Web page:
05/17/2011—Last Monday, Rutgers’ Heldrich Center for Workforce Development hosted a Workforce Diversity 2011 Summit. I chaired a panel of leading experts on building inclusive organizations: Anthony Carter, Chief Diversity Officer for J&J, Toni Riccardi, who runs the Global Diversity network for the Conference Board, and Monica Emerson, the Navy’s first Chief Diversity Officer.
The summit was filled with fascinating and useful information. What stood out to me was Monica’s story of the US military’s recruiting challenge. She said that the Department of Defense needs to recruit 170,000 of the roughly 4 million 18-24 year-olds in the US each year to replace those leaving the services. Of these 4 million, about half are unable to meet the DoD’s minimum capability and aptitude standards. Another 1 million are ruled out because of obesity or other physical limitations, a criminal record, or not being a US citizen. This means that the military must attract 17% of the most able young people, the same pool that is being recruited by the nation’s most selective universities.
This story puts the current challenges facing America’s workforce in stark perspective. What does it say about how well we’re preparing our young people for the challenges of the global economy that 3 out of 4 do not qualify for military service, which was once seen as a primary route for career advancement for high school graduates who were not planning to go to four-year colleges? To learn more about how the DoD is defining and tackling this challenge, see the report of the Military Leadership Diversity Commission, "From Representation to Inclusion:Diversity Leadership for the 21st-Century Military".
Just as sobering was a column this week by David Brooks on “The Missing Fifth:” He observes that "...in 1954, 96 percent of American males aged 25–54 worked. Today that number is around 80 percent. ...the United States has a smaller share of prime age men in the work force than any other G-7 nation.” And over the last decade the number of Americans on permanent disability has increased from 5 to 8.2 million at annual cost of $115 billion.
As some letters in response to his column noted, this story may not be all negative—some of the decline in paid employment for men may reflect greater opportunities for women in the workforce and a more equal sharing by their partners of child-rearing responsibilities.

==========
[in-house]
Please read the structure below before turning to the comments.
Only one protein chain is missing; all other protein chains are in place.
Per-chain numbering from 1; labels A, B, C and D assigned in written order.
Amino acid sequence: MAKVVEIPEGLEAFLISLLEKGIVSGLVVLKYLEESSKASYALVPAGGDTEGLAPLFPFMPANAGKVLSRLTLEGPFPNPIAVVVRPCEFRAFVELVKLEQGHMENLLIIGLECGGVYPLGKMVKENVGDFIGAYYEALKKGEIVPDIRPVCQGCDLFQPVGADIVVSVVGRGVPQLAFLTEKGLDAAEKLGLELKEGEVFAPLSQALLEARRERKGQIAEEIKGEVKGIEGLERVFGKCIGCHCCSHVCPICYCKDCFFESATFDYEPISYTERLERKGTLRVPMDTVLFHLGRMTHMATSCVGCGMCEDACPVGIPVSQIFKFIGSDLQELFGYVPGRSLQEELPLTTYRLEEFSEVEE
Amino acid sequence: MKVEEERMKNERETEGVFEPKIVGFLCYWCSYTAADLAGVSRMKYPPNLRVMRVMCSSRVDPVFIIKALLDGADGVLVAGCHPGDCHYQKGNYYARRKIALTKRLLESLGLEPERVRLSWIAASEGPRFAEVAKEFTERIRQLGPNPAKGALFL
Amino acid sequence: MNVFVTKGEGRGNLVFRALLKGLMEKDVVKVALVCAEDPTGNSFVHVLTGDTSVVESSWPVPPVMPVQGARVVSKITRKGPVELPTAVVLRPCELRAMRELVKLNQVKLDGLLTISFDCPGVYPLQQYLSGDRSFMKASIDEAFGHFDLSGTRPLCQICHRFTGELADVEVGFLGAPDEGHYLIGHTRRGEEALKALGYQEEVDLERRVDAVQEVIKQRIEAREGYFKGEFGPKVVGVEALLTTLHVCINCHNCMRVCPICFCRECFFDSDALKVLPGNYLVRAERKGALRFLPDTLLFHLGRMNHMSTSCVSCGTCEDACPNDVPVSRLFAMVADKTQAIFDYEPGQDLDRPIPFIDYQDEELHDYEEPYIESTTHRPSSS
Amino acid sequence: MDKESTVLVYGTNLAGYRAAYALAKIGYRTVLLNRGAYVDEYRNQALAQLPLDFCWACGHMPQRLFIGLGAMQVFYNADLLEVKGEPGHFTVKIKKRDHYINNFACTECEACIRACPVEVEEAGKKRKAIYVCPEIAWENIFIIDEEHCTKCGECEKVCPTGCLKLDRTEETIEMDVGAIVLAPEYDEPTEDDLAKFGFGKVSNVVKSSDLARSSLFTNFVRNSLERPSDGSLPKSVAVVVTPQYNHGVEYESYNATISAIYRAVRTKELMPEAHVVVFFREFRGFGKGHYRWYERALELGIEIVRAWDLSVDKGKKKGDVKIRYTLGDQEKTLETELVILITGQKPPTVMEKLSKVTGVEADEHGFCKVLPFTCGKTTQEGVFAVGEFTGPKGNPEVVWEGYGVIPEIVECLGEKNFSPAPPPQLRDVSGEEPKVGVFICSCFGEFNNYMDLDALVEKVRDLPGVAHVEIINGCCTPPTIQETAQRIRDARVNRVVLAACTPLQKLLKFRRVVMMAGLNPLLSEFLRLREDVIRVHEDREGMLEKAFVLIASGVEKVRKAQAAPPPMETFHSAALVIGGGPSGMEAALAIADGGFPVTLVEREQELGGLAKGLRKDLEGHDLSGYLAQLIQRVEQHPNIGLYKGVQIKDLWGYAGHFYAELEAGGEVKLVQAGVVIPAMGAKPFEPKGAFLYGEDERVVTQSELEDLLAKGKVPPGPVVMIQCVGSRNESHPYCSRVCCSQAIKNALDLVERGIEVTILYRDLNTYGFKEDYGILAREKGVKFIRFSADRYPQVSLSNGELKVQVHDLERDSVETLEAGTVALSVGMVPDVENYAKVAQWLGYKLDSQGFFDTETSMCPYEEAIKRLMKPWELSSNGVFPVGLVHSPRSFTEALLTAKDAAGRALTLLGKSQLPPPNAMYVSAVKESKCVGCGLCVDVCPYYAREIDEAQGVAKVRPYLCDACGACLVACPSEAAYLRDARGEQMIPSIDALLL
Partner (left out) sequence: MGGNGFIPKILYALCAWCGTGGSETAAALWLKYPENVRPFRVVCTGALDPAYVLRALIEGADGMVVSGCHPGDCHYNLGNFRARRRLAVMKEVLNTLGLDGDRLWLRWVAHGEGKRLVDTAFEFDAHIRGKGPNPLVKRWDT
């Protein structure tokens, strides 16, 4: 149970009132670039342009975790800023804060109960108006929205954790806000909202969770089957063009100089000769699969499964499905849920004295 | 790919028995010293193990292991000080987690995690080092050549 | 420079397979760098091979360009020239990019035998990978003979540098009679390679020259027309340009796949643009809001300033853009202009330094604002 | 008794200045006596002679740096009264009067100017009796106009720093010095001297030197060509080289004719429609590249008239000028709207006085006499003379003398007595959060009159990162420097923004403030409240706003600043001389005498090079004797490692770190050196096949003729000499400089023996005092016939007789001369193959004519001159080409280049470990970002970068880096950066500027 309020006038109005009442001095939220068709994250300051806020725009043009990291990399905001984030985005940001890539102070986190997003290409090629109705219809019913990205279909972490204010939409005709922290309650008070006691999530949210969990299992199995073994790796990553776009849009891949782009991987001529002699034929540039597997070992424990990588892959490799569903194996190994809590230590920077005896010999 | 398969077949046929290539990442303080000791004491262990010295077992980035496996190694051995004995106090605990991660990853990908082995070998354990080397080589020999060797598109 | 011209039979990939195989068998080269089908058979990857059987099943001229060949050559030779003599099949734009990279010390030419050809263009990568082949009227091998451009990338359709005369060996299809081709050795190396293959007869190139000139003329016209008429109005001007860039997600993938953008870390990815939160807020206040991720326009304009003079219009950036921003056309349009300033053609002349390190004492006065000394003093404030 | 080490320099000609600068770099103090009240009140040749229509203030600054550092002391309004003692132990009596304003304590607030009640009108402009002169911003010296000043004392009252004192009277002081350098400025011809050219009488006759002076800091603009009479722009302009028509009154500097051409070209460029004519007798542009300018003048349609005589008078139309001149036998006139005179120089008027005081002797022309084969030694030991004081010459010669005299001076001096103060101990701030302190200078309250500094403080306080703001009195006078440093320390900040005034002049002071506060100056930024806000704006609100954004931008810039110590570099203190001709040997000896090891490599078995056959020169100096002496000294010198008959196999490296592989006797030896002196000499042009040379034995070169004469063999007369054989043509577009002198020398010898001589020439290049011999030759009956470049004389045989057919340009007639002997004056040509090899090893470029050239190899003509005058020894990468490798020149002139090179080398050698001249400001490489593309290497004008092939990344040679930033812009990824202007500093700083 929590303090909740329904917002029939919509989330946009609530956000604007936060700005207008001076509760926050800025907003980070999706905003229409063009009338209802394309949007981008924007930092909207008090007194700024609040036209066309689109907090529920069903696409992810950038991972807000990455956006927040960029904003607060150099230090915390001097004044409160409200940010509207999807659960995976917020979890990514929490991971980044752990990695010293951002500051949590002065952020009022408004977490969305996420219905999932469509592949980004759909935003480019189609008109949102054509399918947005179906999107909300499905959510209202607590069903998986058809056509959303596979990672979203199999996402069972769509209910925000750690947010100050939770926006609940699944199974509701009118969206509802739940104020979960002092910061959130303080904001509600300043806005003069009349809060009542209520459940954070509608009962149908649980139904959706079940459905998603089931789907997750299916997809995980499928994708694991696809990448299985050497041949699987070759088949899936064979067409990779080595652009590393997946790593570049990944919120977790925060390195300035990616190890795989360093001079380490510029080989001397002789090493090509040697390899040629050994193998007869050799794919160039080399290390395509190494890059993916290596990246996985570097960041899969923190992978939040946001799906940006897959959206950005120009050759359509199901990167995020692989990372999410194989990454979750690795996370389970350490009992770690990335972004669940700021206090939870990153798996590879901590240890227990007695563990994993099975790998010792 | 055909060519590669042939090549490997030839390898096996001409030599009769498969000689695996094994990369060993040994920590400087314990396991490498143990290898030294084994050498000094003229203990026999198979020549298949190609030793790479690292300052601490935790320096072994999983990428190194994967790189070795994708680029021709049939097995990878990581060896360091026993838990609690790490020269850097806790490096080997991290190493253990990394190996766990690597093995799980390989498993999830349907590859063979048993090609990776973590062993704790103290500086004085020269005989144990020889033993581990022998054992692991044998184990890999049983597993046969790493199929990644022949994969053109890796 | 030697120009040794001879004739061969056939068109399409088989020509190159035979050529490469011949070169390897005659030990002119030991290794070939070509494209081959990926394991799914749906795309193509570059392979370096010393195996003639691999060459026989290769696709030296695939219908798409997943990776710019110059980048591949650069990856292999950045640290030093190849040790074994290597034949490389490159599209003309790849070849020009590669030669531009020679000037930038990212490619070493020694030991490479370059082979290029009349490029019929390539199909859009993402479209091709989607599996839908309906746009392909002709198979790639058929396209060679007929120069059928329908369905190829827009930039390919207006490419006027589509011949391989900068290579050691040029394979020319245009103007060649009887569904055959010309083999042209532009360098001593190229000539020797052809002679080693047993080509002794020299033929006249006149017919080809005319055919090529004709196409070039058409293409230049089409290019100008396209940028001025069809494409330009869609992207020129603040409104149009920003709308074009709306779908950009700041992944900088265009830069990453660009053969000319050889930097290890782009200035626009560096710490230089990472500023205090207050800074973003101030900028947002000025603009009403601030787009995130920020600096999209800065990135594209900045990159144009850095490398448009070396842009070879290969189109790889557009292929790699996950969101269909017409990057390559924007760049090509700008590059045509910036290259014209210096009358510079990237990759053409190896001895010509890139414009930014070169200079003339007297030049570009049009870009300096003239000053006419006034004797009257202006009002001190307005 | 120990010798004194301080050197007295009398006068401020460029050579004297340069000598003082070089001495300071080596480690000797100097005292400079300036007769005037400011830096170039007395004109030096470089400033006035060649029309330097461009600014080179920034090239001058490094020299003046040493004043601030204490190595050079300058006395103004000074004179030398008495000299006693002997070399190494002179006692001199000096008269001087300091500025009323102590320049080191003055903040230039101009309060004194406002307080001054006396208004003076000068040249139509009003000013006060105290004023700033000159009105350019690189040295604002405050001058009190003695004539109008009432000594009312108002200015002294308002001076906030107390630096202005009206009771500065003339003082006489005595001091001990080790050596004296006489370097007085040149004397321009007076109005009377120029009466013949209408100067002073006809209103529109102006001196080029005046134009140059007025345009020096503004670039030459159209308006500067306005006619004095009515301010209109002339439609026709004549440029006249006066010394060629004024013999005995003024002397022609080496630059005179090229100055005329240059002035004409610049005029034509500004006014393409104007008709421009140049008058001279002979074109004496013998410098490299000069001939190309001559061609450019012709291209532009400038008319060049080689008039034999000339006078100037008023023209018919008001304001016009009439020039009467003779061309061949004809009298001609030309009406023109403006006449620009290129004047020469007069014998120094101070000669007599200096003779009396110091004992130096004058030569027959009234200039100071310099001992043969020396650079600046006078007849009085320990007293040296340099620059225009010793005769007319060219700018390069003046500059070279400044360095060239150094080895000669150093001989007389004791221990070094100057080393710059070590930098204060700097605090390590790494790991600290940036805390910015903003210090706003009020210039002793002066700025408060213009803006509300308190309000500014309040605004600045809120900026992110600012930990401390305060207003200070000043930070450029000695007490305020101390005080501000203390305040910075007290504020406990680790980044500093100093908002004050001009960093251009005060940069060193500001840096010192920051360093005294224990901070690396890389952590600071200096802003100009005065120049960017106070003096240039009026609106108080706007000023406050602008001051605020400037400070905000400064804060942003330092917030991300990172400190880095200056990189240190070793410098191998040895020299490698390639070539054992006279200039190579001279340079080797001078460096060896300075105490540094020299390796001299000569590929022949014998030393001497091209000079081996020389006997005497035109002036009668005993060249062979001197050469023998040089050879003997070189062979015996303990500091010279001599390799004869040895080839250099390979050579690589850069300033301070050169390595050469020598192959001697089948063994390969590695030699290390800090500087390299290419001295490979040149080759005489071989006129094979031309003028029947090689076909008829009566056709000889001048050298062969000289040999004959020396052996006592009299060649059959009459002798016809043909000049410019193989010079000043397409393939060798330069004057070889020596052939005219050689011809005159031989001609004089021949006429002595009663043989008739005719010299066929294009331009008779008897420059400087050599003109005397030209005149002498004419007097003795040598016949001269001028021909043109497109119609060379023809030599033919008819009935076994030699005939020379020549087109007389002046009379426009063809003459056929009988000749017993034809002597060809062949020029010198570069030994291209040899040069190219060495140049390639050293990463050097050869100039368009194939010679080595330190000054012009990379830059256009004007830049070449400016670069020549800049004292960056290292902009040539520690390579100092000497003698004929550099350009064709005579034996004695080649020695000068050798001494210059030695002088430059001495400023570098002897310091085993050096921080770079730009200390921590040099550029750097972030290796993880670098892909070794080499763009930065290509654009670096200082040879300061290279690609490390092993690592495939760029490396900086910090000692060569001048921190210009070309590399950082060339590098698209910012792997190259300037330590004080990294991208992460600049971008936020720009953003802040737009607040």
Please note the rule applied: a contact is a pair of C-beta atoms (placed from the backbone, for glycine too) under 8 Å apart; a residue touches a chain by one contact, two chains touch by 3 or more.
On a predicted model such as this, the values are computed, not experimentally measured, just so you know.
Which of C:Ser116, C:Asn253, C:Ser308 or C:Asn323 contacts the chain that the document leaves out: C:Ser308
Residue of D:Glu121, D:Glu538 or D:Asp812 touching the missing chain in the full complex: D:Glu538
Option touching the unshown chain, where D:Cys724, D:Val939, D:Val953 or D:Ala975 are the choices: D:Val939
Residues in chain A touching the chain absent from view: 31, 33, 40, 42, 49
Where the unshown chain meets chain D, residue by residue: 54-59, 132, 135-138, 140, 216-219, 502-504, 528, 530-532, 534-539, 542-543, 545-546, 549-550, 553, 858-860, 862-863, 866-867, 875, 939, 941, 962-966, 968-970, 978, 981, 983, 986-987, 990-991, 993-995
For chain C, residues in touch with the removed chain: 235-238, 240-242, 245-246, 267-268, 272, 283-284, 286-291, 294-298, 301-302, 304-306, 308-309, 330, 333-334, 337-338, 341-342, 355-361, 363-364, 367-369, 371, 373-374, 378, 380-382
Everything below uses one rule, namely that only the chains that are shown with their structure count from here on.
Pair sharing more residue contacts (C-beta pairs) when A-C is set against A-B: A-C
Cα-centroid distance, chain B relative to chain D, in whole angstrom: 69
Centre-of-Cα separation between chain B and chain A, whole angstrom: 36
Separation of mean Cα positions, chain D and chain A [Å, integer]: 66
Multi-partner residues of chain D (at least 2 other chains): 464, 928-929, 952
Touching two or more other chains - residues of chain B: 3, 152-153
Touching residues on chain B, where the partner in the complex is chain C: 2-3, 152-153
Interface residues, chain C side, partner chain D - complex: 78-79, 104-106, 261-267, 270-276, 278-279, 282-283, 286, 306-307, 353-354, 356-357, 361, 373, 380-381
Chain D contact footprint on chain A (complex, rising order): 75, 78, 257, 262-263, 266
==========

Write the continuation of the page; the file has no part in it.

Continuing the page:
But the primary culprit is the failure of the economy and US companies, more than a year into the recovery, to be generating a sufficient number of good middle-class jobs. Today the number of unemployed Americans (14 million) far exceeds total employment in US manufacturing (11.7 million), which had been a primary source of good jobs for men without college degrees. And the public sector, which had replaced manufacturing as a key creator of jobs with living wages and benefits, is now cutting back on employment. The combined effect of these cutbacks is that more than six million individuals have been out of work for six months or more, many despairing of ever finding living-wage jobs again.
There are some encouraging signs of a US manufacturing revival, thanks to the combination of a falling dollar, rising transportation costs, and new technologies that are enabling lower-cost, more decentralized, custom manufacturing.
"Moving back to America: The dwindling allure of building factories offshore"
What’s really worrying, however, is that even if this revival accelerates, many of these individuals—both the young men failing to qualify for military service and the prime-workage men who have lost their jobs—may not be qualified for many of the new job openings. And our existing public workforce development system is not up to the task. I support the Administration's push to set aside more funds from proposed new free trade agreements to help retrain workers who've been displaced by global competition and technological change. Future blogs will explore ways we may be able to reform this system.